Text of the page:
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OSHA Adds to Enforcement Weighting System

Oct. 28, 2019
Type of hazards and enforcement initiatives now part of measurement mix.

As of Oct. 1, the Occupational Safety and Health Administration (OSHA) has begun using a new system for weighing and measuring its enforcement priorities that now includes added emphases depending on the type of hazard inspected and whether the actions were taken in pursuit of agency enforcement initiatives.

“Because weight will now be given to these areas, employers should be prepared for inspections related to high hazards and specific OSHA enforcement initiatives,” warn attorneys Jayni Lanham, Heidi Knight and Mark Duvall of the law firm of Beveridge & Diamond PC.

In its Sept. 27 announcement of the changes, OSHA said that it “will encourage the appropriate allocation of resources to support OSHA’s balanced approach of promoting safe and healthy workplaces, and continue to develop and support a management system that focuses enforcement activities on critical and strategic areas where the agency’s efforts can have the most impact.”

Under the new system, OSHA stressed that  it will be looking at more than just the time it takes to complete an inspection when evaluating its total enforcement activity for the year, which it measures in what it calls “Enforcement Units.”

Years ago, OSHA began measuring its enforcement activity by simply tallying up the total number of inspections completed each fiscal year. That approach changed in 2015 when the agency created its Enforcement Weighting System (EWS) to measure enforcement activity and no longer looked primarily at the total number of inspections.

In a 2015 memorandum to regional administrators, then-OSHA chief David Michaels announced implementation of a new system to “underscore the importance of the resource-intensive enforcement activity that is focused on some of the most hazardous workplace issues, such as ergonomics, heat, chemical exposures, workplace violence and process safety management.”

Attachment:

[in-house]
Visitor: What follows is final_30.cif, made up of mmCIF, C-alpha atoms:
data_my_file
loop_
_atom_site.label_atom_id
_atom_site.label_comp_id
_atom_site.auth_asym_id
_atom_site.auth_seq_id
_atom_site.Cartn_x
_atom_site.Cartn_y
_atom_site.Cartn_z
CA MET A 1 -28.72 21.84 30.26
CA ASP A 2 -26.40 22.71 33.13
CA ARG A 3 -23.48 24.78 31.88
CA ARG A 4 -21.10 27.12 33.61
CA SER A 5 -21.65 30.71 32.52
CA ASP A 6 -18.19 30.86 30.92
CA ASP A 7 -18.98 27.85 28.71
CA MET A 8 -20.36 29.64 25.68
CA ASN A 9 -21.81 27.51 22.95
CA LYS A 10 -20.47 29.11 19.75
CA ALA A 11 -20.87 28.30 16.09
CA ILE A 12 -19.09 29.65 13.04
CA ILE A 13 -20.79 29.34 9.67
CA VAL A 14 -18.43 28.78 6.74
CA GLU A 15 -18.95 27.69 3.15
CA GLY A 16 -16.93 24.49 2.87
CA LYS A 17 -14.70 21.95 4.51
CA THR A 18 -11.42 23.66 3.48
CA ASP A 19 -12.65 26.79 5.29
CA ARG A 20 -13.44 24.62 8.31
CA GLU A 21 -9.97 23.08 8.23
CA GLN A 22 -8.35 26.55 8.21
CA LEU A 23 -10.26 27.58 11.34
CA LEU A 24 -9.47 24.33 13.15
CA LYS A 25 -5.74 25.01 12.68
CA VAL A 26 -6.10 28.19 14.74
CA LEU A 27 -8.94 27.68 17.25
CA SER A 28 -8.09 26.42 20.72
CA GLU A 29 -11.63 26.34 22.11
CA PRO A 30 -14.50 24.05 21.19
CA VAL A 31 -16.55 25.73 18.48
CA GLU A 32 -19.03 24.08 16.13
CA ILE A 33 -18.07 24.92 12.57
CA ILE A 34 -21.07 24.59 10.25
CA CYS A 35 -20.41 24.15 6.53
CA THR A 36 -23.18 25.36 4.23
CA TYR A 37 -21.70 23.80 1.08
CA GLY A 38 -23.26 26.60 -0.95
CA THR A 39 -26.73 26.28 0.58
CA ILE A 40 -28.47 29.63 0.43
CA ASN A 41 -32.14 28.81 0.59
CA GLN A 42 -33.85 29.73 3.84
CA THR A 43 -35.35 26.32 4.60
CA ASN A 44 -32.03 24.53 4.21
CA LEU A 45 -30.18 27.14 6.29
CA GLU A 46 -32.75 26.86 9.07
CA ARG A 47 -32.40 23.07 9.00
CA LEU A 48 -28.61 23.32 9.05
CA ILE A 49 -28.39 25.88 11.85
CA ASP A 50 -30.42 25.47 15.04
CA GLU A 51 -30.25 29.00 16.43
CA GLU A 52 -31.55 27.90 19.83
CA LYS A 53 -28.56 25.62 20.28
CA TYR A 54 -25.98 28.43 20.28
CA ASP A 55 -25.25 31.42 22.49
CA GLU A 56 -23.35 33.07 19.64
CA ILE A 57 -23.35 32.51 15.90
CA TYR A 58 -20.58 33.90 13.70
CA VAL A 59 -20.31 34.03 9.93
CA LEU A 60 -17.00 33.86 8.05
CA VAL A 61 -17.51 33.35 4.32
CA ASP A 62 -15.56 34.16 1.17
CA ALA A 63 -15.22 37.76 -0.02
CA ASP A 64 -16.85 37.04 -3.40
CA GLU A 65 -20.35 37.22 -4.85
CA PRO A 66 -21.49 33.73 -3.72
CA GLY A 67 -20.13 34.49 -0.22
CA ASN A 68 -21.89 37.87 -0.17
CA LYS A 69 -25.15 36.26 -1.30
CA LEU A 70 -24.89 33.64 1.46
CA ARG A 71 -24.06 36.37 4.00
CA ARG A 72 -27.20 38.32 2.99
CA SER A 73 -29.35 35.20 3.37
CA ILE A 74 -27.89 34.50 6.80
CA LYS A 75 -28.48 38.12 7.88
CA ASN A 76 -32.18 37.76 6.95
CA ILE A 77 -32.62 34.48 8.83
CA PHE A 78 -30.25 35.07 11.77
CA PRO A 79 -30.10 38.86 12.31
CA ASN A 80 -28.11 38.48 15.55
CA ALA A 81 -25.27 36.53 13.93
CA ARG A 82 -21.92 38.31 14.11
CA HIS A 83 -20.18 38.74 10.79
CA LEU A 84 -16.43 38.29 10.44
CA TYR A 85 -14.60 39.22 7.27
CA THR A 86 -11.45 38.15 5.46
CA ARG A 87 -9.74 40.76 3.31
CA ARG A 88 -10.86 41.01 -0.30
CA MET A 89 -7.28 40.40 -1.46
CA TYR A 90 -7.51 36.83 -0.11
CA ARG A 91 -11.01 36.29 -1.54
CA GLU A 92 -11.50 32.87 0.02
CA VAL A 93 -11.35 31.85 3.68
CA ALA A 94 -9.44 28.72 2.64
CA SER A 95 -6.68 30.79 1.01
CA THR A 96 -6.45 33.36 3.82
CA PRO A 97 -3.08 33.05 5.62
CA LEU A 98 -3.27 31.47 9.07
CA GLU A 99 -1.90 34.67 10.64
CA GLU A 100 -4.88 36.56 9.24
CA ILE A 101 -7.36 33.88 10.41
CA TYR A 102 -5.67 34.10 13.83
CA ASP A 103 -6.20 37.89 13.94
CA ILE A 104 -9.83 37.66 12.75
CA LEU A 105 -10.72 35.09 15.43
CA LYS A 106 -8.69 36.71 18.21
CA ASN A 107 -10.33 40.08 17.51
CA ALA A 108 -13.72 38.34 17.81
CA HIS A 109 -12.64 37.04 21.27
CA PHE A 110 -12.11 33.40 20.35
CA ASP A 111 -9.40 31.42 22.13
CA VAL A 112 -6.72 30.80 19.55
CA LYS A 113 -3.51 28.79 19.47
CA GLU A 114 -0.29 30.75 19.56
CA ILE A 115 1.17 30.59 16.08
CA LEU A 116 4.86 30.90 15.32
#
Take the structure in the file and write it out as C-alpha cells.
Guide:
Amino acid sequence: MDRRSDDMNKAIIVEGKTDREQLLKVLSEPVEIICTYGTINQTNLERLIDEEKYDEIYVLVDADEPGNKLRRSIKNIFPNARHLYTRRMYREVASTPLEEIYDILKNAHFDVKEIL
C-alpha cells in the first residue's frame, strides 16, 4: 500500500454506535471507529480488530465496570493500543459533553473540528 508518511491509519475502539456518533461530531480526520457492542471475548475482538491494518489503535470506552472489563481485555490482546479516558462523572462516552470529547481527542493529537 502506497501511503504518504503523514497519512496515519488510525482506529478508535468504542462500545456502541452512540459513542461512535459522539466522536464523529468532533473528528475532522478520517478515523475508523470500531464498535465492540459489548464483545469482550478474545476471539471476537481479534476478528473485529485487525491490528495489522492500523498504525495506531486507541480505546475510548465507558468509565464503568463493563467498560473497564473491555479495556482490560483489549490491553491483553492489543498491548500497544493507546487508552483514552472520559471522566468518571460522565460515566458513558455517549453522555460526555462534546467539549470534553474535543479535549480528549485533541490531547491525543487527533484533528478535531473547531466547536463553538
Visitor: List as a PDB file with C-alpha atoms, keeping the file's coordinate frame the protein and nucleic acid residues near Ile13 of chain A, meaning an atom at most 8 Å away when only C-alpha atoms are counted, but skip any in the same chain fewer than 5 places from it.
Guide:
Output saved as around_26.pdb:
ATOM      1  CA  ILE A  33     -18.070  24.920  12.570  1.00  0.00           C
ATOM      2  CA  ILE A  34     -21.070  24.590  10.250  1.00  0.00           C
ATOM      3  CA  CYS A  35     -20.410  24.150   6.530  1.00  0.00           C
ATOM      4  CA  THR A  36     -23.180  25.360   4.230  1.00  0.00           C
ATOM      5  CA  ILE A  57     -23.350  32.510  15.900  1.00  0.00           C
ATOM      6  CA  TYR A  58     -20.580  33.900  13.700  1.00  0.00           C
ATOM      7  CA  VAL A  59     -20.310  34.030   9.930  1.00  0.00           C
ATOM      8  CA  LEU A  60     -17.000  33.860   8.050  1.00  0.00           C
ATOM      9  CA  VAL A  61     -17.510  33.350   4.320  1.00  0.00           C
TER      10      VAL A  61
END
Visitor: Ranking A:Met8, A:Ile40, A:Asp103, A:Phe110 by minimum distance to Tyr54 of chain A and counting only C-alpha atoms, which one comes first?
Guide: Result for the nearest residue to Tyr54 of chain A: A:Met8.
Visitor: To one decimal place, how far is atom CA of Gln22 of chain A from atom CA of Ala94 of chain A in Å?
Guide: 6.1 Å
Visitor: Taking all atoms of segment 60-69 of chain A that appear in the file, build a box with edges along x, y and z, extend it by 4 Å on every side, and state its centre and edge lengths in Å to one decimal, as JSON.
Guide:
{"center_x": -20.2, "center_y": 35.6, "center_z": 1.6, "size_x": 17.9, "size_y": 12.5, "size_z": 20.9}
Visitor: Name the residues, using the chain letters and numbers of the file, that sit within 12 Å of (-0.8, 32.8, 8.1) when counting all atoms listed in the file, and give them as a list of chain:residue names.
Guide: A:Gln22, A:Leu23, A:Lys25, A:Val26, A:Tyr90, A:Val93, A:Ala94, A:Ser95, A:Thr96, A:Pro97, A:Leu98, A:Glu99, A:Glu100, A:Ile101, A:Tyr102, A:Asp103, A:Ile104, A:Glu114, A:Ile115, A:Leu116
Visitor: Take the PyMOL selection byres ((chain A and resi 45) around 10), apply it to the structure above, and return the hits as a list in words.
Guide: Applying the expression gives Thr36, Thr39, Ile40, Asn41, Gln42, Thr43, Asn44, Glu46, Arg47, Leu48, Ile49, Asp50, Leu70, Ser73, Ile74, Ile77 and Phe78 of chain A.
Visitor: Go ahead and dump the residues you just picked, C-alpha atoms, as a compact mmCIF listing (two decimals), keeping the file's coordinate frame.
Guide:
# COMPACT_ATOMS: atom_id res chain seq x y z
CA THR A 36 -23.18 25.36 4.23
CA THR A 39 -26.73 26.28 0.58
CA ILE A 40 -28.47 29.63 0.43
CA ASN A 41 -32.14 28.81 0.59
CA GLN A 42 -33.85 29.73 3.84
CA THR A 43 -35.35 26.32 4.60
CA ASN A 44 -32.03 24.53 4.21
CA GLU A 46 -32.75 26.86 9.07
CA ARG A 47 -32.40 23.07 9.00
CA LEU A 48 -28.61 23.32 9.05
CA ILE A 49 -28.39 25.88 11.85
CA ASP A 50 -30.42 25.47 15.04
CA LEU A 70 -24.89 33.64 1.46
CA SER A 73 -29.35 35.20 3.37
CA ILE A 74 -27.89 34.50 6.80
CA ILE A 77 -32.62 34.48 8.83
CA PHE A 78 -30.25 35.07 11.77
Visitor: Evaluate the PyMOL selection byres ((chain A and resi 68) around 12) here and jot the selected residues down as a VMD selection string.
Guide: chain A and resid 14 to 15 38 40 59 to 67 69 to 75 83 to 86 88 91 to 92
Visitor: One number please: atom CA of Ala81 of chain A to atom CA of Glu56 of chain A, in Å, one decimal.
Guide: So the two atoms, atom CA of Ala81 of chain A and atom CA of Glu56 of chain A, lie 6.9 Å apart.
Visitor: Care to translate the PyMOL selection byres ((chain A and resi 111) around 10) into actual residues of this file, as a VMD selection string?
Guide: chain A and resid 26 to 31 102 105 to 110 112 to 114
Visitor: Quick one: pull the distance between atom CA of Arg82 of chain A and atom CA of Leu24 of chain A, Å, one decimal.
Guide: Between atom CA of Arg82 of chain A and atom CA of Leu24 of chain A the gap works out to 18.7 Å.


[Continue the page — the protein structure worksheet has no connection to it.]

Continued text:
To do so, OSHA began measuring inspection activity by assigning varying Enforcement Units (EUs) to different types of inspections and measured its aggregate enforcement efforts by tallying those EUs. The severity and widespread nature of the charges that were brought against employers also were factors.

On the low end of the spectrum, non-formal complaint investigations and rapid response investigations would be assigned one-ninth EUs and on the high end of the spectrum, failing process safety management inspections would be assigned seven EUs and actions involving significant cases would be assigned eight EUs.

Under the new system adopted for fiscal year 2020, OSHA will continue to weight inspections but will consider factors, divided into five groupings:

● Group A includes criminal cases and significant cases and is assigned the highest number of EUs—seven.

● Group B includes fatalities, catastrophes and process safety management inspections and is assigned five EUs.

● Group C includes programmed inspections involving OSHA’s “focus four” high-priority hazards (such as those involving caught-in, electrical, fall and struck-by hazards) and is assigned three EUs.

● Group D includes programmed inspections under a number of emphasis programs (for example, amputation, combustible dust, workplace violence and heat hazards, Site-Specific Targeting, among others), and is assigned two EUs.

● All other inspections are encompassed by Group E and assigned one EU.

OSHA explained that it intends for these weighting system changes to “support a management system that focuses enforcement activities on critical and strategic areas where the agency’s efforts can have the most impact.”

“In light of this announcement, employers should expect OSHA’s inspection activity to reflect a renewed emphasis on high-hazard areas and OSHA’s enforcement initiatives,” according to the Beveridge & Diamond lawyers. “Employers should review their plans for preparing for and managing an OSHA inspection or develop a plan if one is not in place.”

Pre-planning for an OSHA inspection is a must. Executives responsible for safety management should work closely with key managers and supervisors in their workplaces to make sure everyone knows their role when OSHA inspectors show up at the door.

About the Author

David Sparkman

David Sparkman is founding editor of ACWI Advance (, the newsletter of the American Chain of Warehouses Inc. He also heads David Sparkman Consulting, a Washington D.C. area public relations and communications firm. Prior to these he was director of industry relations for the International Warehouse Logistics Association. Sparkman has also been a freelance writer, specializing in logistics and freight transportation. He has served as vice president of communications for the American Moving and Storage Association, director of communications for the National Private Truck Council, and for two decades with American Trucking Associations on its weekly newspaper, Transport Topics.

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